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    Preparing your Credit Union for 2021

    December 16, 2020

    This year has been unlike any other. Covid-19 took the world by storm, putting credit unions’ agility, resiliency and dedication to member service to the test. Many of the plans and projects businesses had at the top of their to-do lists were put on the backburner, as credit unions had to quickly adjust and shift priorities. They were challenged to provide their employees with the resources necessary to effectively work from home. Member service became more important than ever before, as consumers and businesses alike faced great economic uncertainty. Credit unions showed up in a major way this year, despite the numerous roadblocks in front of them.

     

    As we look ahead to 2021, many of the shifts that occurred in 2020 are likely to linger. Credit union leaders should take a careful look at all that happened this year in order to make predictions and set priorities for 2021 and beyond. Areas to watch include digital transformation, a more in-depth focus on business continuity planning and the evolving role of the branch.

    Digital has become indispensable

    This year, digital methods of doing business became essential. With quarantine mandates in place across Canada, many branches were forced to close their doors. As a result, more members leveraged digital banking apps and services. In addition to being able to complete simple tasks like transferring money and depositing checks digitally, there was also a need to complete more complex aspects of the banking experience online. Previously manual and paper-based processes like new account opening and loan origination faced a new demand for digitization.

     

    Consumer preferences are shifting as digital has become the preferred channel for many; including those who leveraged digital banking pre-pandemic and those who didn’t. To remain relevant and competitive, credit unions must prioritize delivering a digital banking experience that is personalized and seamless. Credit unions are known for their service and they need to provide an exceptional member experience that prioritizes personal connections online and offline. Those that can accomplish this will be well positioned for success next year and beyond.

    There will be a renewed focus on business continuity planning

    Credit unions have had to stress-test their business continuity plans in a significant way this year. Institutions were challenged to swiftly equip their employees with the resources necessary to successfully work remotely, such as headsets, laptops and remote access to different systems. To make matters more complex, there has been an increase in pandemic-related cyber attacks, as hackers have preyed upon the vulnerabilities posed by employees working from home. These attacks have demonstrated the importance of keeping hardware up-to-date with robust encryptions, security software and standards.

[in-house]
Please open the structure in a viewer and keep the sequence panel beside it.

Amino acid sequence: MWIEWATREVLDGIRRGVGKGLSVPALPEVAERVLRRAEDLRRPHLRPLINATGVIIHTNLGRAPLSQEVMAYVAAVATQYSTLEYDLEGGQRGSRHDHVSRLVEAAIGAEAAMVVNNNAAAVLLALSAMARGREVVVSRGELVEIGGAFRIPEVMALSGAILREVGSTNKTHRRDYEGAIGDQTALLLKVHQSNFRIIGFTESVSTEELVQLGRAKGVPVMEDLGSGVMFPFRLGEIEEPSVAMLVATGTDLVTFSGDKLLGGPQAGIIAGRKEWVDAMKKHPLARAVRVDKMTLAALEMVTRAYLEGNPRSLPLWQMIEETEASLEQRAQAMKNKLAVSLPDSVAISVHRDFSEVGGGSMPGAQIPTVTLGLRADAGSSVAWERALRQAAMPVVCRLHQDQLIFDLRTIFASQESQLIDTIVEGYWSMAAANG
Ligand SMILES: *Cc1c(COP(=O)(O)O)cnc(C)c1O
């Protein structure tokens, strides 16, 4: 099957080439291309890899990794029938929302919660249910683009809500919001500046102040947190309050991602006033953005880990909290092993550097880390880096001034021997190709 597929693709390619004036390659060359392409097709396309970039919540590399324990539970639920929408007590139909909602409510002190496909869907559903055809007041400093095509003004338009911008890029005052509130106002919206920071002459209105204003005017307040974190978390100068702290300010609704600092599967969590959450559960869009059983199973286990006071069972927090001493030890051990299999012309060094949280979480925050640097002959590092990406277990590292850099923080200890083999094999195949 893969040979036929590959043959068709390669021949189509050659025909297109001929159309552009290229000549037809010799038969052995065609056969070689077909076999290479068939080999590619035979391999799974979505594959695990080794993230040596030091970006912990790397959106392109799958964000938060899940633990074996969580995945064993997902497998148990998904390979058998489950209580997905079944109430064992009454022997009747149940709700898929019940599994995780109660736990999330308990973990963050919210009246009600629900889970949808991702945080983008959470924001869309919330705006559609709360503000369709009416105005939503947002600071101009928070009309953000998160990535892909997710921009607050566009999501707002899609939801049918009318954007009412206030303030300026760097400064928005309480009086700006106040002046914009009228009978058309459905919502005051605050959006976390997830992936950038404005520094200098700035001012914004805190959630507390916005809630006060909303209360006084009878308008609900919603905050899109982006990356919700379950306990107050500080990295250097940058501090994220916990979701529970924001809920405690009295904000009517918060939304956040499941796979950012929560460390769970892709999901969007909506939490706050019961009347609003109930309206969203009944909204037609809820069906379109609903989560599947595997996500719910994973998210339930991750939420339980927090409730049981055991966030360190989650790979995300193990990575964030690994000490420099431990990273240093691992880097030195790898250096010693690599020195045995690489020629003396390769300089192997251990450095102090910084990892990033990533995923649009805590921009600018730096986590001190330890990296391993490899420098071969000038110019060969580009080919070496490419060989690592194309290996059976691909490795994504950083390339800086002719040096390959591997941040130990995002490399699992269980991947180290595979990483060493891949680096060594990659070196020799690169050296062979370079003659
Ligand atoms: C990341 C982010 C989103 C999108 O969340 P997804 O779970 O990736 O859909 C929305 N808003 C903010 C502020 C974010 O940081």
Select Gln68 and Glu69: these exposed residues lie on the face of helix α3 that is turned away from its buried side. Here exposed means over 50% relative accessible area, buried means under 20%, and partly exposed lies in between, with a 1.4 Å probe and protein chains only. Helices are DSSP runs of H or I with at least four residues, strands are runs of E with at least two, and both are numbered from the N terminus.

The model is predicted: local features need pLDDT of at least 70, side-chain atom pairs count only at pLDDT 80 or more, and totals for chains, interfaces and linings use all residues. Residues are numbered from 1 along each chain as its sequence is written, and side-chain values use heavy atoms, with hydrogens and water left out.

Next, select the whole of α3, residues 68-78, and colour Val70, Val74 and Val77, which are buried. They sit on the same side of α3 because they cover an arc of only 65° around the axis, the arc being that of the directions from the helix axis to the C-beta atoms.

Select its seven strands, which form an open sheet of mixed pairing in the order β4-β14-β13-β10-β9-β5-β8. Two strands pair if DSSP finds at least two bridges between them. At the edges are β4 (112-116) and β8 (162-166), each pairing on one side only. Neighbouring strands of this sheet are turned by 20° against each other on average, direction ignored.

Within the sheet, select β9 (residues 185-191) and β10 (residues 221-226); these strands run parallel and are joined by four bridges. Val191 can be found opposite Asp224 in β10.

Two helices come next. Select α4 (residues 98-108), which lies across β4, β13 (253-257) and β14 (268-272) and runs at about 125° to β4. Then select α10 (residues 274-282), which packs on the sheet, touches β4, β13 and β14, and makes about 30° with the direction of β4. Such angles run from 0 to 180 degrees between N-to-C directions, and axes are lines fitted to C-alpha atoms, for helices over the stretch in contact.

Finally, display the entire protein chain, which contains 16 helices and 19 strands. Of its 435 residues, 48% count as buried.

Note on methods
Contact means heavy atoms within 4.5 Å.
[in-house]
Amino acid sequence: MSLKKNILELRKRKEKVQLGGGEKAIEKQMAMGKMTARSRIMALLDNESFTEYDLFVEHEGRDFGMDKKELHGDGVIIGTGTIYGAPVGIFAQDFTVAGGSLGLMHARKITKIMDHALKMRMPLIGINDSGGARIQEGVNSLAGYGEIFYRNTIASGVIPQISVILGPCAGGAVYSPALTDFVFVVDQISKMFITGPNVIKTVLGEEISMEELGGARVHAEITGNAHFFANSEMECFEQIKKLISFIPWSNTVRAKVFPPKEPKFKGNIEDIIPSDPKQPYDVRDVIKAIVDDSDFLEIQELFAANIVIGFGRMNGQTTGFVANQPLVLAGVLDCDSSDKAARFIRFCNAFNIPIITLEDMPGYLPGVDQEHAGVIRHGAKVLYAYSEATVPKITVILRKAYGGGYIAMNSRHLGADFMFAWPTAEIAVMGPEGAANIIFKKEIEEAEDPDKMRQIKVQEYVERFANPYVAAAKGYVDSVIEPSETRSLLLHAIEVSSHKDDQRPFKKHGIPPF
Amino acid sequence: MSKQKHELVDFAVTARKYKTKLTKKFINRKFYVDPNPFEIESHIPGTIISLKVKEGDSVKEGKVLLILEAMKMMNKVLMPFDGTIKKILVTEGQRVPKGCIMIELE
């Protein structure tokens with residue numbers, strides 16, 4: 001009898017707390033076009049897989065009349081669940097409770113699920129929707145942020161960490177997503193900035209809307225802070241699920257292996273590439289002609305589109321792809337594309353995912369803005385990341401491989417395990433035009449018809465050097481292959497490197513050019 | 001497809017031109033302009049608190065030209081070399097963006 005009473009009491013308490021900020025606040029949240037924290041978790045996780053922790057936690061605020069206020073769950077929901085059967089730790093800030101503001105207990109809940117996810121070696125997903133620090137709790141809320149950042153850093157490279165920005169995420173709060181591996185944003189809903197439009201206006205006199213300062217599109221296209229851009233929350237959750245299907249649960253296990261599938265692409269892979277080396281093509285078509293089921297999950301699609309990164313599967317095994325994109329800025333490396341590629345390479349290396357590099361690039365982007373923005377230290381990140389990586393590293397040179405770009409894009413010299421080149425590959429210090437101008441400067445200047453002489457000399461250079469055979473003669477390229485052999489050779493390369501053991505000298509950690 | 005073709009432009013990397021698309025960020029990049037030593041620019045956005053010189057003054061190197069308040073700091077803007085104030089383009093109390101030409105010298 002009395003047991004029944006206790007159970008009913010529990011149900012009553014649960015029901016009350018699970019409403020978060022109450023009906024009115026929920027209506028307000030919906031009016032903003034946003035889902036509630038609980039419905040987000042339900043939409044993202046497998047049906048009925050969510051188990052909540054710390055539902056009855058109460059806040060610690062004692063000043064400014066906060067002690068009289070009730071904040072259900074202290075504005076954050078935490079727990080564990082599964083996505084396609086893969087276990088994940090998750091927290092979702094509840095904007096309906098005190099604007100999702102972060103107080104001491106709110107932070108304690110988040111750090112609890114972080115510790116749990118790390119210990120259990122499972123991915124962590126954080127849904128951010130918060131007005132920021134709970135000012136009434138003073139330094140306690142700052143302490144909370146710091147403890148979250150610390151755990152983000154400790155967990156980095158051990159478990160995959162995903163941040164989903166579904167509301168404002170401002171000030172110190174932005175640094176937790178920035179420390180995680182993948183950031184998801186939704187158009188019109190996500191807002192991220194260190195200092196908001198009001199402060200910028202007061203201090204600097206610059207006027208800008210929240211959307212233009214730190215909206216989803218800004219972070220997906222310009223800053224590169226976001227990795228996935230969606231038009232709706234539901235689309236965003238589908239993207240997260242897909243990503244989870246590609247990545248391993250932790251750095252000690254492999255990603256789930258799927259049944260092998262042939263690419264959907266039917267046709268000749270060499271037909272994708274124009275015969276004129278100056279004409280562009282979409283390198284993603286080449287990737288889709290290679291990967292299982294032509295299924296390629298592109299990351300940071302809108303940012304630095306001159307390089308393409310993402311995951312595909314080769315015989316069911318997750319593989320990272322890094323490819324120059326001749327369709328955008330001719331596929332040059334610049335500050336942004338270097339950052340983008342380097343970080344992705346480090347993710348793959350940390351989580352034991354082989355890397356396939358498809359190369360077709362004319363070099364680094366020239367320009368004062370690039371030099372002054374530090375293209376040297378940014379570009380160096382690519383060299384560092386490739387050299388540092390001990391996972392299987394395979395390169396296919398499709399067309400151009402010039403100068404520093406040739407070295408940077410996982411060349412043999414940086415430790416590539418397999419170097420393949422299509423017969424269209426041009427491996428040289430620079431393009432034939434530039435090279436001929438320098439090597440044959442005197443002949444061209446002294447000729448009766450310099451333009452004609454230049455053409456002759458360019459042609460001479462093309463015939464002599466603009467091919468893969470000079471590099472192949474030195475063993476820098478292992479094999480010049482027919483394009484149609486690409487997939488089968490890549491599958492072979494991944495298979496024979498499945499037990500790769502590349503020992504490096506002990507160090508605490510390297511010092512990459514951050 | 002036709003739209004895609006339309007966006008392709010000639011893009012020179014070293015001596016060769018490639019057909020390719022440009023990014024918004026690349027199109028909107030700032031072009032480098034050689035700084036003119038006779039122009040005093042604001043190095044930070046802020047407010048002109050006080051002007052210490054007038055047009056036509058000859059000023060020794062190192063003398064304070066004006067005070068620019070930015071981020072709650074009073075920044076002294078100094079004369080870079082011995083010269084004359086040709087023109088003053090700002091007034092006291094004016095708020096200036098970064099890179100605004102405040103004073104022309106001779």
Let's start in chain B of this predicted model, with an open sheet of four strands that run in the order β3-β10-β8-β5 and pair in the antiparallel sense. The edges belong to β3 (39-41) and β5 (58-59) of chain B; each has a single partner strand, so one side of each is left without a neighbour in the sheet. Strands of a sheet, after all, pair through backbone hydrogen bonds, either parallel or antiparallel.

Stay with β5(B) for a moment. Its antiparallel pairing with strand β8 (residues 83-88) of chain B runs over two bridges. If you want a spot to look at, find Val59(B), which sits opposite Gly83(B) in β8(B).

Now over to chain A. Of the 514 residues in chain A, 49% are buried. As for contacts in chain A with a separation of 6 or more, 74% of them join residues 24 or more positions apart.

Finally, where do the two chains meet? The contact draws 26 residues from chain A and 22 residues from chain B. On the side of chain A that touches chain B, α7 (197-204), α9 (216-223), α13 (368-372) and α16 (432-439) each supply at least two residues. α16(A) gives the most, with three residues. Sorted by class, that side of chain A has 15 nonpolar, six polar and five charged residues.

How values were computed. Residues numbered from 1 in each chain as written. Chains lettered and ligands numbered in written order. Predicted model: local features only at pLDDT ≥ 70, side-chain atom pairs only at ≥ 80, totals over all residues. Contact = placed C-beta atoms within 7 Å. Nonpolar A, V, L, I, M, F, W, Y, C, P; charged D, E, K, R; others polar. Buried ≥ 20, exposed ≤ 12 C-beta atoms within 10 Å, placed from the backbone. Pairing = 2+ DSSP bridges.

Now that credit unions have experienced firsthand that anything can happen, there’s no doubt a more serious emphasis will be placed on disaster recovery and business continuity planning moving forward. The ability for credit unions to efficiently provide application support, steady software patching and new hardware to their staff as needed will be a priority in 2021.

    In-branch experiences will continue to evolve

    The in-branch experience will remain important to many members. However, what will shift is the branch’s role and how credit unions leverage this important touch point. With the increased number of members relying on digital banking, many credit unions are shifting to appointment-only models. Such an approach allows employees to meet with their members face-to-face, take proper cleaning precautions between appointments and provides the assurance of less people in the branch at once.

     

    Every credit union serves a unique member base, so credit unions must take their members preferences and needs into account when creating a branch strategy. This is where relying on a trusted technology or consulting partner could come in handy. Ultimately, digital and branch banking must complement one another to be effective.

     

    Credit unions have demonstrated their dedication to members over the past 12 months. Next year, the institutions that adapt to the changing credit union landscape, such as by implementing new technology, evolving their operations and creating strong business continuity plans, will be the ones best positioned for success. Members will always remember and find comfort knowing that their credit union is there for them in both the good times and the bad.

     

    Related posts:

    COVID-19: Adjusting to a new normal for credit unions

    CU at Home blog series: Part 1 – working remotely and what's worked for Celero

    CU at Home blog series: Part 2 – cyber security best practices

    CU at Home blog series: Part 3 - Mental health considerations

    Four recommendations for credit unions when planning for recovery

    What Three Credit Unions Did to Support their Communities During COVID-19

    Digital transformation with purpose: how to build a culture that celebrates change

     

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